How wiseguys are betting Game 5 

June, 9, 2011
06/09/11
2:09
PM ET

These NBA finals have been a zigzaggers dream.

Back and forth the wins -- and the covers -- have gone. And you can see how quickly bettors caught on by the way the money has flowed for Game 5. After winning Game 4, the Mavs opened as two-point favorites. Immediately, money came in on Miami. According to sportsinsights.com, 58 percent of bettors favor the Heat. In fact, there's been so much action that one of the sharpest books on the Internet, CRIS, has dropped the game from two to pick.

(Notice the classic bookmaker hedge in the Game 5 line, by the way: Despite Dallas winning Game 4 as three-point faves, the bookmakers, knowing all the money would come in on Miami, opened the Mavs a point lower at minus-2. Clearly, that didn't stop the stampede.)

So how do you find opportunity in a series like this? One way has been to bet the under. Despite the fact all four games have landed below 190, with three of them landing below 177, bookmakers have consistently settled on totals in the mid-to-high 180s. Generally, in a combative series such as this one, the scoring gets lower from game to game. And yet, I haven't seen the total moves keeping up with the actual scoring decreases.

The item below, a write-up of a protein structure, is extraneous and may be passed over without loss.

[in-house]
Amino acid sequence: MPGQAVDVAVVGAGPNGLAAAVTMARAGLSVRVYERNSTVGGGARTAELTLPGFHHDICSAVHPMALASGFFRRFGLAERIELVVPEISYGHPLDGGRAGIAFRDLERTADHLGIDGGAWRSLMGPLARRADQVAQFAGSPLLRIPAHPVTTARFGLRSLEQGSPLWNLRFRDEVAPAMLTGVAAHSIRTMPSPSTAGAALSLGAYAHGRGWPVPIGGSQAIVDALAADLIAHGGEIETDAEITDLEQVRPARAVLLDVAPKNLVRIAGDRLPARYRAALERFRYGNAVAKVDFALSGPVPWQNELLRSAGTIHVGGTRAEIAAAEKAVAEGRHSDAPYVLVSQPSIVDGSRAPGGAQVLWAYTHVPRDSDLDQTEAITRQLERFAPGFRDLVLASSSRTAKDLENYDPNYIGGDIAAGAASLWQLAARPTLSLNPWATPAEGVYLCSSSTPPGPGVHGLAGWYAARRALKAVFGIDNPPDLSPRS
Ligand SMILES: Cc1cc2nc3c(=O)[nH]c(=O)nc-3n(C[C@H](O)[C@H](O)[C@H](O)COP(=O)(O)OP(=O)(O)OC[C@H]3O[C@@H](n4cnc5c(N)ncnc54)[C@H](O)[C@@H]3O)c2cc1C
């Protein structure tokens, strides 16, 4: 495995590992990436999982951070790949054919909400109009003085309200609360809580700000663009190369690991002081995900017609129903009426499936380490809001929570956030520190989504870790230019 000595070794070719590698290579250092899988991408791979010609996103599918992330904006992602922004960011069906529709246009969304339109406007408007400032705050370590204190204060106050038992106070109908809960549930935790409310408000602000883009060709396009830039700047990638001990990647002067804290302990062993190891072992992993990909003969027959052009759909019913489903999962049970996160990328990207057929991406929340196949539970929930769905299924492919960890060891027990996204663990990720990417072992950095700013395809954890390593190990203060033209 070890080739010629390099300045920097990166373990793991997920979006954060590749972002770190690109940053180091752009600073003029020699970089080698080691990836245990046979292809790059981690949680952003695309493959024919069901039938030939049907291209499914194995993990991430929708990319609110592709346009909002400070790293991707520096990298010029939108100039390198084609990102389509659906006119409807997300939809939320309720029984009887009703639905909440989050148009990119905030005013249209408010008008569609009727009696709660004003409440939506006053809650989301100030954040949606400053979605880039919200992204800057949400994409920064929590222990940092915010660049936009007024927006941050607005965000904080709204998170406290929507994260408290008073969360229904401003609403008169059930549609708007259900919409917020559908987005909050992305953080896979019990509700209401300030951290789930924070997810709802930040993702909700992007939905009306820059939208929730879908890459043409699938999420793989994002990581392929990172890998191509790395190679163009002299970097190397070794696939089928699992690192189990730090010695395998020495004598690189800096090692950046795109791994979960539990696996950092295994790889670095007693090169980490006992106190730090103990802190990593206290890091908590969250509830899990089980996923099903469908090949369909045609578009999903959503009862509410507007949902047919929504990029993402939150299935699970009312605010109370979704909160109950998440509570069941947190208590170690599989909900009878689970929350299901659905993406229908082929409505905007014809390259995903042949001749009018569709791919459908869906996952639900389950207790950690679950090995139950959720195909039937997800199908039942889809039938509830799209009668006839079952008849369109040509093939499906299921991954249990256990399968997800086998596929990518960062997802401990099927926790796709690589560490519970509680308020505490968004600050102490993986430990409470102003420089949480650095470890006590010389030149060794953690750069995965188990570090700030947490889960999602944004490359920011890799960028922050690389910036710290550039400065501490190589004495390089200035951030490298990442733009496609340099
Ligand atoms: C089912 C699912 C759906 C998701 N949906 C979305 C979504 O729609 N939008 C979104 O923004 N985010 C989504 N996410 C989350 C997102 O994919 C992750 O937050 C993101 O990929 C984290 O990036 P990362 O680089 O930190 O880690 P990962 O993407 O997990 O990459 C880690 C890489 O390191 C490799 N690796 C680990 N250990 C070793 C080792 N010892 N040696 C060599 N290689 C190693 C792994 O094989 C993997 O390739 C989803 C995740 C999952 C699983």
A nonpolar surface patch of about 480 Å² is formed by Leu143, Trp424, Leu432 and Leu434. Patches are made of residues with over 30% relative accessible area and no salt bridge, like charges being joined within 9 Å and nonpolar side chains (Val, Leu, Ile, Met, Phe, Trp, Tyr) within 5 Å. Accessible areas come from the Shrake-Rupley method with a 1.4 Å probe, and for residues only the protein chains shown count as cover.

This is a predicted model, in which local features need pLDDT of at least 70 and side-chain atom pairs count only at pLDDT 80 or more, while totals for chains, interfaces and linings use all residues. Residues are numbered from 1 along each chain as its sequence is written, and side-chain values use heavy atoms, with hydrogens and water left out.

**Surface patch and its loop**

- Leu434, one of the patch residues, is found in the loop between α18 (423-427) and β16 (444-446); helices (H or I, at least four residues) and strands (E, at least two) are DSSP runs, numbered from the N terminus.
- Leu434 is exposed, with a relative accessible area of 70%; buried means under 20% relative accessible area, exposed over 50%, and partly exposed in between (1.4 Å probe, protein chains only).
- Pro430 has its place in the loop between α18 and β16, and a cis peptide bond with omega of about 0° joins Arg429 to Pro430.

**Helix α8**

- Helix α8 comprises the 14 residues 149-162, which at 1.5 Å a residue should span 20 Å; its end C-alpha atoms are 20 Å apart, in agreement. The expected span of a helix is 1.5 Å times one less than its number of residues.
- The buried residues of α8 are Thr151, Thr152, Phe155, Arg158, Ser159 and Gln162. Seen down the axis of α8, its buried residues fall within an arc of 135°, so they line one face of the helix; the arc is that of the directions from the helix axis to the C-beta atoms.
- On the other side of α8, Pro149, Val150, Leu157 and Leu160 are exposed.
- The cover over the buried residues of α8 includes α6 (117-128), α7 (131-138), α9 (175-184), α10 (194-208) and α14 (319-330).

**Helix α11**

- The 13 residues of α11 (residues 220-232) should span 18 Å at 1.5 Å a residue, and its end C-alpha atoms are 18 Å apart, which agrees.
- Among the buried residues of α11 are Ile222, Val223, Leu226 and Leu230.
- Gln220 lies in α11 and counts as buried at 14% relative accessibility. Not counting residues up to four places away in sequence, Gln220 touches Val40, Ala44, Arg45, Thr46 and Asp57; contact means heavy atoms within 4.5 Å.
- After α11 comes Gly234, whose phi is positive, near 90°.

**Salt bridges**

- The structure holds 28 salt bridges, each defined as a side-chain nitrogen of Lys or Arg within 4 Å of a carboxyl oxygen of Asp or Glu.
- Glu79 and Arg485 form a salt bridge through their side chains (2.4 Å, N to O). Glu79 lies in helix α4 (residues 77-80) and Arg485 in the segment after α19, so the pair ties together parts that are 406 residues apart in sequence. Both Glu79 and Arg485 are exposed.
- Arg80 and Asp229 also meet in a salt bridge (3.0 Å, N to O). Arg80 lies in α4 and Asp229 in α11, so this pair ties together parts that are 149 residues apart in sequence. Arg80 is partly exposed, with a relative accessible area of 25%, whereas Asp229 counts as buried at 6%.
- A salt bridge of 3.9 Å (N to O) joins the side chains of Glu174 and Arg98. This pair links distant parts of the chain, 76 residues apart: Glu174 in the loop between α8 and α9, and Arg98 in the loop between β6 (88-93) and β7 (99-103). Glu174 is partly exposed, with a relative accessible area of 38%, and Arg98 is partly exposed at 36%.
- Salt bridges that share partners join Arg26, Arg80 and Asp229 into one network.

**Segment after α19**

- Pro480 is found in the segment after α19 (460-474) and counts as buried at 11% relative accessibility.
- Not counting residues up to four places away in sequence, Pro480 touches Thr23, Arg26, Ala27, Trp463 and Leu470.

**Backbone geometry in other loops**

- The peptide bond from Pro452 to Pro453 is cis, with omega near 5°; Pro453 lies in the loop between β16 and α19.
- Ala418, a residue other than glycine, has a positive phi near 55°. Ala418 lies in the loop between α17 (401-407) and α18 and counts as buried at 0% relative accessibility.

There's another way to find opportunity that Big Al McMordie and I discussed the other day, too. Big Al was on an East Coast swing and we had sushi during his visit to New York. We had a pretty far-reaching conversation about the future of Internet sports betting, his favorite restaurants in NYC and the sharpest books online. But we also chatted a lot about finding value in a series as tight as this one, with series prices changing dramatically from game to game.

Big Al(@bigal_com) had a series of great tweets about this over the past couple of days. Since there are only a few hours left to take advantage of what we talked about, I thought I would share. Essentially, he was trying to force me to think about the series more strategically, rather than, as he put it, "Buying something you don't need, like a sunroof in Seattle."

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